Those over the age of 25 accounted for 78% of audiences, with an even male-female split, while 58% were under 35 years old. Attendees seem satisfied, giving the film a B+ CinemaScore and 74% audience score on Rotten Tomatoes.
New Line’s “Game Night,” opened earlier this year targeting a similar audience. The film, which had a production budget of $16 million, launched with $17 million. As of this week, the Jason Bateman and Rachel McAdams’ dark comedy has pocketed $117 million globally, including $69 million domestically.
The final wide release, “Superfly,” got a head start by opening on Wednesday. Sony’s remake of 1972 blaxploitation classic “Super Fly” pocketed $8.4 million in 2,220 locations during the five-day period. Well-known music video helmer Director X took the reins on the $16 million project, which only began production in January and finished in time for its June release.
The film features all new songs written by rapper Future, who co-produced along with Joel Silver. “Superfly” stars Trevor Jackson, Jason Mitchell, Michael Kenneth Williams, Lex Scott Davis, and Jennifer Morrison.
The original 1972 “Super Fly,” starring Ron O’Neal and directed by Gordon Parks, was hugely profitable at the box office with a $30 million gross from a $500,000 budget. While the film became a cult hit, its soundtrack composed by R&B legend Curtis Mayfield became even more popular and ultimately outgrossed “Super Fly’s” box office earnings.
“Ocean’s 8” managed to steal the No. 2 spot in its sophomore frame, picking up another $19.5 million in 4,145 locations. The female-fronted heist spinoff had a series-best opening last weekend with $41.5 million. Overseas, the Warner Bros. film secured $19.3 million this weekend, bringing its international tally to $37.1 million. In total, “Ocean’s 8” has earned $116 million globally, with $79 million coming from the domestic box office.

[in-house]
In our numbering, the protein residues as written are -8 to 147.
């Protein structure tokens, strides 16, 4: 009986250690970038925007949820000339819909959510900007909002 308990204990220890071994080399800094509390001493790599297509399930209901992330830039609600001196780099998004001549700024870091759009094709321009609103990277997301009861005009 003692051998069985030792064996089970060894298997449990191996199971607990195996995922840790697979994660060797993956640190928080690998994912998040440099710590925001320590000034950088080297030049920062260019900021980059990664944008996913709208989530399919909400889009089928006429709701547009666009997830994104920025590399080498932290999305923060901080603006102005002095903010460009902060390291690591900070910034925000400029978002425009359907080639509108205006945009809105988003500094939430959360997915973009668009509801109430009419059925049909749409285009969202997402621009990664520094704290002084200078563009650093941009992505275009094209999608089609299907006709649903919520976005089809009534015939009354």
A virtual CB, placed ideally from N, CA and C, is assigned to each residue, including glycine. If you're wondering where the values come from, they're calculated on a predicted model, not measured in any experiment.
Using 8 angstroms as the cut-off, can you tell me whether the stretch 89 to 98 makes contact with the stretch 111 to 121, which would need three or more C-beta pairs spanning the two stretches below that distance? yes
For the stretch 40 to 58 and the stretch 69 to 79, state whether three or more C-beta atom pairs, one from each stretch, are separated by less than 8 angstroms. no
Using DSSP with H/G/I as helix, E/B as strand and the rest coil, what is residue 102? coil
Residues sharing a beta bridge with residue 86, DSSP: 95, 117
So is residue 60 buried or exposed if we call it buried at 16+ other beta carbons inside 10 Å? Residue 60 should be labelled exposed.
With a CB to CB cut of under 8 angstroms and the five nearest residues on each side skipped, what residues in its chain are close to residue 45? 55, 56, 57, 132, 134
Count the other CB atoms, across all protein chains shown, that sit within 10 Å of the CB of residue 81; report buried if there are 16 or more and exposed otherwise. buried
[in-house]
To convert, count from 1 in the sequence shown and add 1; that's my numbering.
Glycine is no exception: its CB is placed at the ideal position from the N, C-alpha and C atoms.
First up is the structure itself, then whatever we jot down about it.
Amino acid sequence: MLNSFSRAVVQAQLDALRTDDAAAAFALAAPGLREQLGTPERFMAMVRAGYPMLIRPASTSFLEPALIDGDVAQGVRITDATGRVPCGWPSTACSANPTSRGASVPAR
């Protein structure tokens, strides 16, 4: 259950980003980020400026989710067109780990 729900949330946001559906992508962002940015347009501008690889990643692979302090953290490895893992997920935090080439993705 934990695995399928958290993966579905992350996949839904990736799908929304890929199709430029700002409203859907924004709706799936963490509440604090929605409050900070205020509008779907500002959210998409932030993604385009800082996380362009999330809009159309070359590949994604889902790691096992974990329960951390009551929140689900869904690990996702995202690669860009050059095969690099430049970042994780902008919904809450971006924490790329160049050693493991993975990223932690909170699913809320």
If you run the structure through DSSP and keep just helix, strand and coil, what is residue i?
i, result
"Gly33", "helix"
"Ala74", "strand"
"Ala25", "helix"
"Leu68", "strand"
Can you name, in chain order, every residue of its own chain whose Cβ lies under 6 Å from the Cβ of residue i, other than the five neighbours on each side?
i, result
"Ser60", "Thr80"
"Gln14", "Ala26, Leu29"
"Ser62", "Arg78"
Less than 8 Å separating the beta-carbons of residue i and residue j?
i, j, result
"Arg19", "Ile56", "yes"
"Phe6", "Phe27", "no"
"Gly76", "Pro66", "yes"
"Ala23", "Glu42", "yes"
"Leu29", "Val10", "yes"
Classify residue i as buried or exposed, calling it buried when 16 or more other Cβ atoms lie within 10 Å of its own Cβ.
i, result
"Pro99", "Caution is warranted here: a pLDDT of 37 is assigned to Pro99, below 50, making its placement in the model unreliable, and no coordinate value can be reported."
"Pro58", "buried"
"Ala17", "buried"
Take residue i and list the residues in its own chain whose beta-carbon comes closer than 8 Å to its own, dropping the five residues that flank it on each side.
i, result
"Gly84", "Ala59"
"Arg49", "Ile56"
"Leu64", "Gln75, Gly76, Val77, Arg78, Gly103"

In fourth is “Solo: A Star Wars Story” with $9.3 million on 3,182 screens. In four weeks, the tentpole has made $193 million at the domestic box office. Its global total sits at $339.5 million, including $5.2 million from international markets this weekend.
Rounding out the top five is the R-rated superhero sequel “Deadpool 2,” which scored $8.6 million in its fifth outing. To date, 20th Century Fox’s blockbuster starring Ryan Reynolds has amassed $294.5 million domestically.
At the specialty box office, “Gotti” disappointed with $1.6 million in 503 locations. John Travolta and Kelly Preston star in the mobster movie, directed by “Entourage” star Kevin Connolly. The film, which had its premiere at the Cannes Film Festival, was originally intended to be released by Lionsgate in 2017, but the studio sold it back to its producers two weeks before. Vertical Entertainment and Sunrider Productions are now co-distributing along with movie ticketing service MoviePass Ventures.
Meanwhile, Ruth Bader Ginsburg’s documentary is having a heroic moment of its own. Magnolia and Participant Media’s “RBG” crossed the $10 million mark in just seven weeks.
Finally, Morgan Neville’s Mister Rogers documentary “Won’t You Be My Neighbor” brought in $985,000 when it expanded to 96 theaters. The biopic, which holds an impressive 99% fresh rating on Rotten Tomatoes, has picked up $1.7 million in two weeks. Next week, it will expand to over 300 theaters.
The weekend box office is up 37.6% compared to this weekend last year when another Disney-Pixar title, “Cars 3,” opened with $53.6 million. Meanwhile, the year to date box office is up 5.9%, thanks in part to the stunning successes of “Incredibles 2,” Avengers: Infinity War,” and “Black Panther,” according to comScore.